How is COVID impacting the Australian GLAM Sector? Part 1

The Australian Museums and Galleries Association (AMaGA) has been conducting industry research into the impacts of COVID-19 on our sector. I have been working on the analysis, pulling out key ideas and trends. To date we have conducted two surveys – March-April (n=392) and August (n=349).

As context, Australia was in lockdown from March, with many States and Territories opening up in June (some a little earlier). Victoria went into a second-stage lockdown in July, and have only just re-opened.

AMaGA conducted the first survey early into the pandemic to uncover immediate impacts of COVID on both organisational and individual members.

Some of the specific findings included:

Galleries seemed to be hardest hit in term of loss of revenue, but have taken up the opportunity to increase digital output, probably because this was not a priority for them before. Galleries were also highly more likely to have cancelled contractor/freelancers and artists and a higher reliance on sponsorship which they report has declined.

Volunteer-run and Historic Societies were less likely to take up digital, probably to do with resourcing and skills. They also had significantly more concerns about re-opening, with volunteers reticent to come back to physical sites. These organisations were also more significantly suffering loss of income, especially as they were more likely to be relying on grants, donations and admission fees.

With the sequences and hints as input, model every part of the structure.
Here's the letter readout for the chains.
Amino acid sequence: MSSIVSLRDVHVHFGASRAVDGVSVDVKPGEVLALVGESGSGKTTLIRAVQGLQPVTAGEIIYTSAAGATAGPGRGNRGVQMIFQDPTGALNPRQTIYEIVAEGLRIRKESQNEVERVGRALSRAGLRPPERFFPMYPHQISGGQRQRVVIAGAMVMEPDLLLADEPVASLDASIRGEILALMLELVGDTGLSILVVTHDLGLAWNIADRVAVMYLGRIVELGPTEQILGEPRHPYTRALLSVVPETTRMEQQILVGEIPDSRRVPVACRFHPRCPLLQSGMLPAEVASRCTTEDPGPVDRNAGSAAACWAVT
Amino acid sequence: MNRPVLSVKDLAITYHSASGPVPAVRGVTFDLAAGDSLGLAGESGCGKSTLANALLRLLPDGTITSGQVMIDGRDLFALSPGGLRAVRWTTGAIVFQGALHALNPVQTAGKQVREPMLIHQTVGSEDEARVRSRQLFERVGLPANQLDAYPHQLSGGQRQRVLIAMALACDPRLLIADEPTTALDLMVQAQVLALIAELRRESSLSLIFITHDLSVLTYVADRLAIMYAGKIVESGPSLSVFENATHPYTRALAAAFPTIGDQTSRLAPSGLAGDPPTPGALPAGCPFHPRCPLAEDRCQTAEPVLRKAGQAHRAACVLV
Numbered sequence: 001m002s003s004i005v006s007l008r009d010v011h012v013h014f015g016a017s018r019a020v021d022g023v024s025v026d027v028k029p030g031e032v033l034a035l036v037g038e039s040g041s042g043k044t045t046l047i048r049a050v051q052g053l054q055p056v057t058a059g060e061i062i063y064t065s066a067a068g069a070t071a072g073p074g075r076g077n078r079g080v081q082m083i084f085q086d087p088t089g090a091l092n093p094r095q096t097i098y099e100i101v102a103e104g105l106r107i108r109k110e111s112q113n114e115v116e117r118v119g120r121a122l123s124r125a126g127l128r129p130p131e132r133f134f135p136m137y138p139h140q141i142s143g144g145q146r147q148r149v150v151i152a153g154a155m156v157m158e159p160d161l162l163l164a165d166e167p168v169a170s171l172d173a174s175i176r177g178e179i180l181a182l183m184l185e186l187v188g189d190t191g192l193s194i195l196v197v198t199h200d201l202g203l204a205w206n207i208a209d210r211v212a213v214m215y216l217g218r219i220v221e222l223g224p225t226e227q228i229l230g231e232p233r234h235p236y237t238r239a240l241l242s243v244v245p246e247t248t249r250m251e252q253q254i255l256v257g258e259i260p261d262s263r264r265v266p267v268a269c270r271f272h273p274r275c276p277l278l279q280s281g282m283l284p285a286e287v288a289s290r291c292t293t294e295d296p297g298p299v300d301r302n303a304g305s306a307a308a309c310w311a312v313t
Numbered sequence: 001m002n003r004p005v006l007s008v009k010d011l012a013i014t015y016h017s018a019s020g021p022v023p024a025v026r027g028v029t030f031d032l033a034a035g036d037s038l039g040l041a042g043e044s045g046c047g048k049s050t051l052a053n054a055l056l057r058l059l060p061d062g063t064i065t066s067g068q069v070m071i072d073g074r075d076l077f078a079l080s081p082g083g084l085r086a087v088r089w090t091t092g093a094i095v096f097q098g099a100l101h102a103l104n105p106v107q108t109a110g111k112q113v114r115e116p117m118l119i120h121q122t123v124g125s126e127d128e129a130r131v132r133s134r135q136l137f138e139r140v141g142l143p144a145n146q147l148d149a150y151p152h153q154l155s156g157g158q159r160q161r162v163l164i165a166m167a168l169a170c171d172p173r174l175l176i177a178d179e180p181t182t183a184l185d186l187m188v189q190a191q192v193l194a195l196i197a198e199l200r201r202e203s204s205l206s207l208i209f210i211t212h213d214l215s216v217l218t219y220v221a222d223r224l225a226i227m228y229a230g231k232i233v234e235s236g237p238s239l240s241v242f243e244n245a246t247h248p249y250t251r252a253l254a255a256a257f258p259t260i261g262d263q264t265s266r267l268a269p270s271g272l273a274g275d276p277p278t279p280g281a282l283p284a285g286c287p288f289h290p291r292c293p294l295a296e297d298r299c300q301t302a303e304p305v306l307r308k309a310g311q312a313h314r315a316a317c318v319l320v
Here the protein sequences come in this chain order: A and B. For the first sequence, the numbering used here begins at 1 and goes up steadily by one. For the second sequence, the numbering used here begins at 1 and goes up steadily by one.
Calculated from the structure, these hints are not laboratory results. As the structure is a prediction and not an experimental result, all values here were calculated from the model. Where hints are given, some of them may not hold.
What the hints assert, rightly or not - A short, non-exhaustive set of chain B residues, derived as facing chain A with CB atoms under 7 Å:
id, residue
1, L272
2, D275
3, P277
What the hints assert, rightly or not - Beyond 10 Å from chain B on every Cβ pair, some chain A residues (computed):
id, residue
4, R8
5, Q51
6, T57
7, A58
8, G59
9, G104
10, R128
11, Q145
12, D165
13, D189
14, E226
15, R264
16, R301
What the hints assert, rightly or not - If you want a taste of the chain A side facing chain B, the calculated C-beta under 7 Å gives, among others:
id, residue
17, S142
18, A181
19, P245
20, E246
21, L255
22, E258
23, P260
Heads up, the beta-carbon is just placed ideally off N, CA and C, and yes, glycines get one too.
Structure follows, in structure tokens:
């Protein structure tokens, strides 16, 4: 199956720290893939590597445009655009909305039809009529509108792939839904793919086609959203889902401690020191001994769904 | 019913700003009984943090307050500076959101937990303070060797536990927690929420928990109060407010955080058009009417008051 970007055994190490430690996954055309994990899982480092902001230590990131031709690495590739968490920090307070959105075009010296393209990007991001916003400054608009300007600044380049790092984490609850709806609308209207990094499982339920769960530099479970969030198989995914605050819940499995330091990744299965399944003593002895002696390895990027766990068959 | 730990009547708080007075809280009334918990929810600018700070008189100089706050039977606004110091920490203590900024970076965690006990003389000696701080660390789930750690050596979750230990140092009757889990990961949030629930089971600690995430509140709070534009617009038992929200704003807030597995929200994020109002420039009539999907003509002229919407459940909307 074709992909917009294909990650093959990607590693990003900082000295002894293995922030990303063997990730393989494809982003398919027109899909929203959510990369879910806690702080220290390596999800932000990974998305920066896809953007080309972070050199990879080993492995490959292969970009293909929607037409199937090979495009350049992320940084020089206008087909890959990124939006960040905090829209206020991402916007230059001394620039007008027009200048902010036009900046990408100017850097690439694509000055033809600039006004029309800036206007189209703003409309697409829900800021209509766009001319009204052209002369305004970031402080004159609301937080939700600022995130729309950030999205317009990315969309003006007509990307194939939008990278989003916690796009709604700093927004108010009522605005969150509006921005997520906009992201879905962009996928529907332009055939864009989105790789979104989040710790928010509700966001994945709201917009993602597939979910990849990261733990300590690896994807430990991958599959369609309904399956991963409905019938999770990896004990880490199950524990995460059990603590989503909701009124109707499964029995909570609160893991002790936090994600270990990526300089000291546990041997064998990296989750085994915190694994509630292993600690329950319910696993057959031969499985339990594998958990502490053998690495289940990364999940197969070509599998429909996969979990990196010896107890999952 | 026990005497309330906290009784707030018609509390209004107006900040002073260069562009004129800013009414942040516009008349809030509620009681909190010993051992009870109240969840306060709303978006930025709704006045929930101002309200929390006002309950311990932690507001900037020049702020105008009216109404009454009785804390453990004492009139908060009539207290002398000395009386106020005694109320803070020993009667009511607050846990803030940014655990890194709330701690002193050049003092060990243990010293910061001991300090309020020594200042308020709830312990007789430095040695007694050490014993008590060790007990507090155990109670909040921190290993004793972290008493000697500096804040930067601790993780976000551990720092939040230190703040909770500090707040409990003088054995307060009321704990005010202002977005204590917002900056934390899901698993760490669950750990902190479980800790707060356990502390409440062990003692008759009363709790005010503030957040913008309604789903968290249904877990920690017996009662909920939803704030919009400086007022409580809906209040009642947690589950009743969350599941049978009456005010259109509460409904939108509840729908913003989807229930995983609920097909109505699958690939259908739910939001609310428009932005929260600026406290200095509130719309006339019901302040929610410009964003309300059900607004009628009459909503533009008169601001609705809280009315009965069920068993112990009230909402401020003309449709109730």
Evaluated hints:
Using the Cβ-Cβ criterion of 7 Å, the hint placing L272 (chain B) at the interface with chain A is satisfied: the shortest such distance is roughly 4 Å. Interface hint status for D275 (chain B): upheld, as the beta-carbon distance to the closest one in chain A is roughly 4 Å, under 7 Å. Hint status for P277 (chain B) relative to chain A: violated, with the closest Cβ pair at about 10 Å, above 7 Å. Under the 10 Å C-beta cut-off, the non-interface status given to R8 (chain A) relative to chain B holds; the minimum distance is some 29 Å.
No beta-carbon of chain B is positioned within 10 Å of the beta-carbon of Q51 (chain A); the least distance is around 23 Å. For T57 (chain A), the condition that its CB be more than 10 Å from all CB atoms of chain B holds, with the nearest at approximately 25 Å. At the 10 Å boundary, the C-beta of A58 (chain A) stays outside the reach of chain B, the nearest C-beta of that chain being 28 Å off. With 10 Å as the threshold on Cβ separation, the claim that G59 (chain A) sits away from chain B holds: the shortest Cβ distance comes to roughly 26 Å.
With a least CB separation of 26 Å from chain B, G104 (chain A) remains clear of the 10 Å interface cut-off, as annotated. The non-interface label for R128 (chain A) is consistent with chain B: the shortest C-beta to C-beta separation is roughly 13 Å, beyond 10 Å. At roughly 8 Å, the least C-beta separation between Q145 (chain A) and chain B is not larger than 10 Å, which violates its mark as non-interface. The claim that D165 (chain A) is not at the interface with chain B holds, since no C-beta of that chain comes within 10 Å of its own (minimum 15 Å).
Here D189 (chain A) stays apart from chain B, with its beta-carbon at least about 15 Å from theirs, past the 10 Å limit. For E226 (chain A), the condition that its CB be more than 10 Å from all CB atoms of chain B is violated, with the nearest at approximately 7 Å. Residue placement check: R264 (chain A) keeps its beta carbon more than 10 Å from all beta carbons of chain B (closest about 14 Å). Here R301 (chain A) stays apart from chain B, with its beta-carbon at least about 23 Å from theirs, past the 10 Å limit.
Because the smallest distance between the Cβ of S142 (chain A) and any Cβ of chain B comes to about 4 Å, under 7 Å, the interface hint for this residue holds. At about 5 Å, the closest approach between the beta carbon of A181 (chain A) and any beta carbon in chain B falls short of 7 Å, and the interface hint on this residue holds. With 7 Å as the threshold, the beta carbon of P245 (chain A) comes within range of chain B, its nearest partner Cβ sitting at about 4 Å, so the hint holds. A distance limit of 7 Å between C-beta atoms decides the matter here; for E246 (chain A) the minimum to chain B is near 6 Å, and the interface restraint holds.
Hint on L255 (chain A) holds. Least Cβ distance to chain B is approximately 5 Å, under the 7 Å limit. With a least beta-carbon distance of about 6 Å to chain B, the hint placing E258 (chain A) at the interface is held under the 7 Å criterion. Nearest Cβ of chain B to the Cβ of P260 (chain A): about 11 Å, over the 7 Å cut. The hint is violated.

Local Government organisations are wanting to connect and network, and were concerned about re-opening, reporting lower morale – some reported that the pandemic demonstrated to them that they were not necessarily seen as an essential service, with the work they do not well-understood by Councils.

Museums had a high reliance on admission fees as revenue source.

Some other issues that emerged were:

Across all organisation types Government packages were not available (at that time) and there was concern expressed around the economic incentives available to the sector, especially given that the identified greatest risks to their recovery post-COVID were identified as a substantial drop in revenue and visitation (including schools), collapse of tourism, attracting new members and managing volunteers into the future.

Other support the sector felt was needed at the time, apart from financial assistance and grants, were:

  • IT / digital support
  • Ways to stay connected
  • How to continue collection management and other work without volunteers on site
  • Advocacy

This survey was repeated in August (with slightly different questions) – my next post outlines summary findings.

A reminder that we are about to launch our final touchpoint November survey so watch your inboxes and social channels.

And, if you’re not a member – please consider joining! Go here.

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